The current El Nino has yet to pack a punch – and isn’t responsible for some of the strange weather already being seen in the United States.
Forecasters from the National Oceanic and Atmospheric Administration (NOAA) are still predicting with near certainty that this El Nino will last through the winter and will be the strongest since the 1997-98 El Nino and possibly the third strongest since 1950. The 1997-98 event sparked widespread storms and flooding that caused more than $4 billion in damage and killed 189 people nationwide.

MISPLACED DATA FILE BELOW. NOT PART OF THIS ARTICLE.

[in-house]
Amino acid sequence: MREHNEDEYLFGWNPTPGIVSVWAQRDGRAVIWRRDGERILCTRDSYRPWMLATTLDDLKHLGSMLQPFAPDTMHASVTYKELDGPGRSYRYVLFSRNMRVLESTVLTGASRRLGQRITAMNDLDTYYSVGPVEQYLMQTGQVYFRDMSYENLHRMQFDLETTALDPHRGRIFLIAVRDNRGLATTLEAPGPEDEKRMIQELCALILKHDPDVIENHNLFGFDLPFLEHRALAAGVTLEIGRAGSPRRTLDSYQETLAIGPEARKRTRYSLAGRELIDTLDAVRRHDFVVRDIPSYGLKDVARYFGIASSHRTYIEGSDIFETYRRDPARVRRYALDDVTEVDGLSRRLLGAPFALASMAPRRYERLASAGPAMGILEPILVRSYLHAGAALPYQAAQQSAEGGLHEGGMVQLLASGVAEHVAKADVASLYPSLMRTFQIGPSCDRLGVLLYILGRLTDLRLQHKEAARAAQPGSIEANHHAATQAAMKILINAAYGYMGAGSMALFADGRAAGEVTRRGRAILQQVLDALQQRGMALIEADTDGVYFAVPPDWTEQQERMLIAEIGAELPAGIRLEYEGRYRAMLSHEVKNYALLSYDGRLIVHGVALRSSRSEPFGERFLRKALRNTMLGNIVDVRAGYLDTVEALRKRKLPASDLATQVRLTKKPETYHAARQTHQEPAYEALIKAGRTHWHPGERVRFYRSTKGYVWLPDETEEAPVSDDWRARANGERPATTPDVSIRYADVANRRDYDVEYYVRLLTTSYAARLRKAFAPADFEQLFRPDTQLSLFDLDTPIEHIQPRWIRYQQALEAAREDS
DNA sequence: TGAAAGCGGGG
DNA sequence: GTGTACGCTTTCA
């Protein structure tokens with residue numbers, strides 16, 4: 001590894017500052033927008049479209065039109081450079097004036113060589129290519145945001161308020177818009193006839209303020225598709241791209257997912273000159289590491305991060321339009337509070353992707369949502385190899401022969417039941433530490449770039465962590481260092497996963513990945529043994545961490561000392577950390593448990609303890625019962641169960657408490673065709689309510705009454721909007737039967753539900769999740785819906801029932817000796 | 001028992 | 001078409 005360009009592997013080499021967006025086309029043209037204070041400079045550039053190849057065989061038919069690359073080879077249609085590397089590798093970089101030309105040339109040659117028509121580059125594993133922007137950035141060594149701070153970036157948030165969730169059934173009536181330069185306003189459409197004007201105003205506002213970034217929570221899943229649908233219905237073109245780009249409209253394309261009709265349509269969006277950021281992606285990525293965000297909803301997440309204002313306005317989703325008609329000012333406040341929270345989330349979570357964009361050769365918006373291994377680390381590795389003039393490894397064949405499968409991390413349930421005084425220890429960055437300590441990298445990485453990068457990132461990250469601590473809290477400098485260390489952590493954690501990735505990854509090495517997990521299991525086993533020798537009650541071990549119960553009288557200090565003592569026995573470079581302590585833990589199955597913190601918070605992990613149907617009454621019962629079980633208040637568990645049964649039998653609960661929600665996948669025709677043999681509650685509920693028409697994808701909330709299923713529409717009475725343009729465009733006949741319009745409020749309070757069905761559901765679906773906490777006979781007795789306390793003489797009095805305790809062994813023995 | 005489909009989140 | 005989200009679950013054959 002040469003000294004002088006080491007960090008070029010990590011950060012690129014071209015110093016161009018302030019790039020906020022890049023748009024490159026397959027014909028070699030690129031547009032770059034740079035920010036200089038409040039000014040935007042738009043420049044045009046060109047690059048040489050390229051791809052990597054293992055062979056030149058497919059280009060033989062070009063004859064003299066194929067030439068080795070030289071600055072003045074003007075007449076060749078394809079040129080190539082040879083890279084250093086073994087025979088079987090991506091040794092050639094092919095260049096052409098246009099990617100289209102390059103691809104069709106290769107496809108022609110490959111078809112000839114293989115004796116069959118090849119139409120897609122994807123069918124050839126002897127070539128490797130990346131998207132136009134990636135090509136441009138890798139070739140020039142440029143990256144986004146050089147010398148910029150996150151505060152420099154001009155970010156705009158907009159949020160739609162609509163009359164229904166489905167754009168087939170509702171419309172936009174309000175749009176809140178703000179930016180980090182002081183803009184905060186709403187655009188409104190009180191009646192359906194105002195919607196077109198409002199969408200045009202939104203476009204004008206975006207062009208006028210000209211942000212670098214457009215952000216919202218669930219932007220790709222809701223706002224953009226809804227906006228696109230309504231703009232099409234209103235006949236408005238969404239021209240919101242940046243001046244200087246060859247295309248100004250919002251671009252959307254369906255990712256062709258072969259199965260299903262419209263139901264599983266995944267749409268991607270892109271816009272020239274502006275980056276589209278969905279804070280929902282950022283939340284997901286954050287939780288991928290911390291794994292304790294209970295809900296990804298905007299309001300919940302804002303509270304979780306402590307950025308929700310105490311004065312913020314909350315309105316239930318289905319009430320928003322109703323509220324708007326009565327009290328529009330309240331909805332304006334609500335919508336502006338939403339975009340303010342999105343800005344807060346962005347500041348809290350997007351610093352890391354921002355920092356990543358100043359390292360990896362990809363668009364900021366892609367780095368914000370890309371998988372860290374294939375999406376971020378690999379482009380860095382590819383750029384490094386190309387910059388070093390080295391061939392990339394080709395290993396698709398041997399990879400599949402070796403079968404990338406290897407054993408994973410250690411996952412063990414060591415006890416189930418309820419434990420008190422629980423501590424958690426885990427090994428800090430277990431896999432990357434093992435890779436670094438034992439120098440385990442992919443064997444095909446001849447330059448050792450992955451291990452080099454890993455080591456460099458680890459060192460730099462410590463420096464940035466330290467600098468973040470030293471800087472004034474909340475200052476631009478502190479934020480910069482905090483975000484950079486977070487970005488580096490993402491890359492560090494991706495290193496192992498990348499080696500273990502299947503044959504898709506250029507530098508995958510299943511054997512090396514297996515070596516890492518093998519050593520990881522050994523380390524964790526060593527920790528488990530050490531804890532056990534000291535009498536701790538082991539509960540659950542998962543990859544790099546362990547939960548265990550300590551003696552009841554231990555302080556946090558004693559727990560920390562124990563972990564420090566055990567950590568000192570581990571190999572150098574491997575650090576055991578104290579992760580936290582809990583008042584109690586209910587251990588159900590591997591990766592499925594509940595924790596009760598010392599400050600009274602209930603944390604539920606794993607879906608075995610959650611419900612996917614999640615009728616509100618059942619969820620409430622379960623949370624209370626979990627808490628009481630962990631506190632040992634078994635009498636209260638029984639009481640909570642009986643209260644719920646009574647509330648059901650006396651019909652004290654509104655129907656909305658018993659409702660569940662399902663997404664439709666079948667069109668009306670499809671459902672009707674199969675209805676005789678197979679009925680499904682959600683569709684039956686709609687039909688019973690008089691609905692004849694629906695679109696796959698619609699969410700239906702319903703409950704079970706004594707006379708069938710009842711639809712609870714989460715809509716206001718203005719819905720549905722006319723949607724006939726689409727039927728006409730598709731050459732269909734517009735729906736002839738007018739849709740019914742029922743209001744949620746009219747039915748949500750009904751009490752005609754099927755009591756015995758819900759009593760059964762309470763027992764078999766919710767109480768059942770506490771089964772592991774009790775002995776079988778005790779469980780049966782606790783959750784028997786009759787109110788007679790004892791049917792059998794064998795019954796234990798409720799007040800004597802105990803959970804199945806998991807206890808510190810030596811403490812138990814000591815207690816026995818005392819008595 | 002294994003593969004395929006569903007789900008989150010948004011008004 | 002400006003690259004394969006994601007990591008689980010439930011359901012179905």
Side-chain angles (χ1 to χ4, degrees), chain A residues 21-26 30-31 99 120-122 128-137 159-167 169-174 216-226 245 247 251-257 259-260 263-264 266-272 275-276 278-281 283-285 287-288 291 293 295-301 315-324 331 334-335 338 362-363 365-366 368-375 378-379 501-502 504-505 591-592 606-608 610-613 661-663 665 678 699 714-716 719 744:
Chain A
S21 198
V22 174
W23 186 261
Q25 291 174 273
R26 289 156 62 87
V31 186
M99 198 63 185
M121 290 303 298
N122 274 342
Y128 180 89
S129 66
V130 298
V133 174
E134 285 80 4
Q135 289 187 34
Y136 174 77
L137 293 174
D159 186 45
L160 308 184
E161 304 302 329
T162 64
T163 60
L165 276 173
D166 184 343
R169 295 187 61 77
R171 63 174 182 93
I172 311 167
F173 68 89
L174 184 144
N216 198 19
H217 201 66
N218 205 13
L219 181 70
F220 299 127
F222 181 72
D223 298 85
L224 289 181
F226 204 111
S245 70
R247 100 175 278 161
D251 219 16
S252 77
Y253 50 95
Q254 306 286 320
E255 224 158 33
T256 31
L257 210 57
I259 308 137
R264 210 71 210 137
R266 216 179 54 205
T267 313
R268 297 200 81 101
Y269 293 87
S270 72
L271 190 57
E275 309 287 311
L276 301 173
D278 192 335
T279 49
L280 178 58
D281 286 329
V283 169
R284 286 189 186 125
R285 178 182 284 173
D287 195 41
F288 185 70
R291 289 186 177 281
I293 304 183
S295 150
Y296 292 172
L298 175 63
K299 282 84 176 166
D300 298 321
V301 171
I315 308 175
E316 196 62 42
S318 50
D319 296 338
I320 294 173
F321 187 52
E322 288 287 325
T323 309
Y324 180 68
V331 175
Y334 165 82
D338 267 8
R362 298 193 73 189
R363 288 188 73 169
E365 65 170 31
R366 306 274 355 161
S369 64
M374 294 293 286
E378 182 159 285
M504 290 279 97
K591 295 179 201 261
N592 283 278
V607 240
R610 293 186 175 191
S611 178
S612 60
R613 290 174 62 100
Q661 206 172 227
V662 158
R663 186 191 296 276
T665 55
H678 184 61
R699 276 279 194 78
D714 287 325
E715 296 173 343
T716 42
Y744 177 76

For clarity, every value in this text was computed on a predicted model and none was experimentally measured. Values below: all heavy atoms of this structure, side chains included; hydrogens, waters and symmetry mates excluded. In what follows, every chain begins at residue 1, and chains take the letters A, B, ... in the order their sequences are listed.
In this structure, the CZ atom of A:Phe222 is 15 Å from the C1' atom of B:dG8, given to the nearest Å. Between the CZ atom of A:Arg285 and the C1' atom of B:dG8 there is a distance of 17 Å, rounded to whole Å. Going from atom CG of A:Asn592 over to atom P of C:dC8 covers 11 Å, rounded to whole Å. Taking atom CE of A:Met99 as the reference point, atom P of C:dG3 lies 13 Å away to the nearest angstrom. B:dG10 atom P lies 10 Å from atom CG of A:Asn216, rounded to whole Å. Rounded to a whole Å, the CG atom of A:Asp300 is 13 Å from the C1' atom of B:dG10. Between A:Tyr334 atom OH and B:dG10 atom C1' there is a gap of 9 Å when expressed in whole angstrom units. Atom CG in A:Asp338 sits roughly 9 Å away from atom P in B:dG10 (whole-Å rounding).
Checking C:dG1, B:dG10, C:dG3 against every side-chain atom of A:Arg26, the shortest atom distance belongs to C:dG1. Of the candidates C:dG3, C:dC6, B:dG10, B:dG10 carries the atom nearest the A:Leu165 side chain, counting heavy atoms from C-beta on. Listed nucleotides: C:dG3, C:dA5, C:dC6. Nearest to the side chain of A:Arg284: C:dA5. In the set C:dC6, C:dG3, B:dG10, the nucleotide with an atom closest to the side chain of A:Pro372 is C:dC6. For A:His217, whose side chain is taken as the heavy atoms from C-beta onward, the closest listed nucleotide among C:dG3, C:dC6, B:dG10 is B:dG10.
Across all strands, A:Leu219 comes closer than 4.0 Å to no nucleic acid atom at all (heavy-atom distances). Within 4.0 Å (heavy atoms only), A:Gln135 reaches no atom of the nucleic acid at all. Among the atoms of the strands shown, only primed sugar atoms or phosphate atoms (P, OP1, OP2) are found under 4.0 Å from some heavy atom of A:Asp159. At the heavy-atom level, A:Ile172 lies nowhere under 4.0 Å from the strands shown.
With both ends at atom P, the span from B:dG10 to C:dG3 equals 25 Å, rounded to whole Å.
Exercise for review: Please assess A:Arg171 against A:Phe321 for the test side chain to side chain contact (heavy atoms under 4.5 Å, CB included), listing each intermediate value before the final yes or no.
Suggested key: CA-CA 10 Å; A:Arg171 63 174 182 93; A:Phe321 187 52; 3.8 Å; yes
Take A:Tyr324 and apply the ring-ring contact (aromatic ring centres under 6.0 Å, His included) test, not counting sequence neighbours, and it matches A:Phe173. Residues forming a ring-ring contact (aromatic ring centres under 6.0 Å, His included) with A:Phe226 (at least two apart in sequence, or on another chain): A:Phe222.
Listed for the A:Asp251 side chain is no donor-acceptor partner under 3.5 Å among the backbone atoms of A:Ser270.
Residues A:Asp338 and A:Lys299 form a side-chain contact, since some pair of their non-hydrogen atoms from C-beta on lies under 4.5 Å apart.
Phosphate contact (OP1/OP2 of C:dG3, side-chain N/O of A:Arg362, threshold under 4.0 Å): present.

El Niño – meaning in Spanish “the little boy, or Christ child” – is created when the equatorial waters of the Pacific Ocean warm significantly.
They are also forecasting wetter than average conditions out West from January to March and above average temperatures in the northern half of the contiguous U.S., Alaska and much of Hawaii. Below-average temperatures, meanwhile, are most likely in the southern Plains while much of the South will see wetter than average.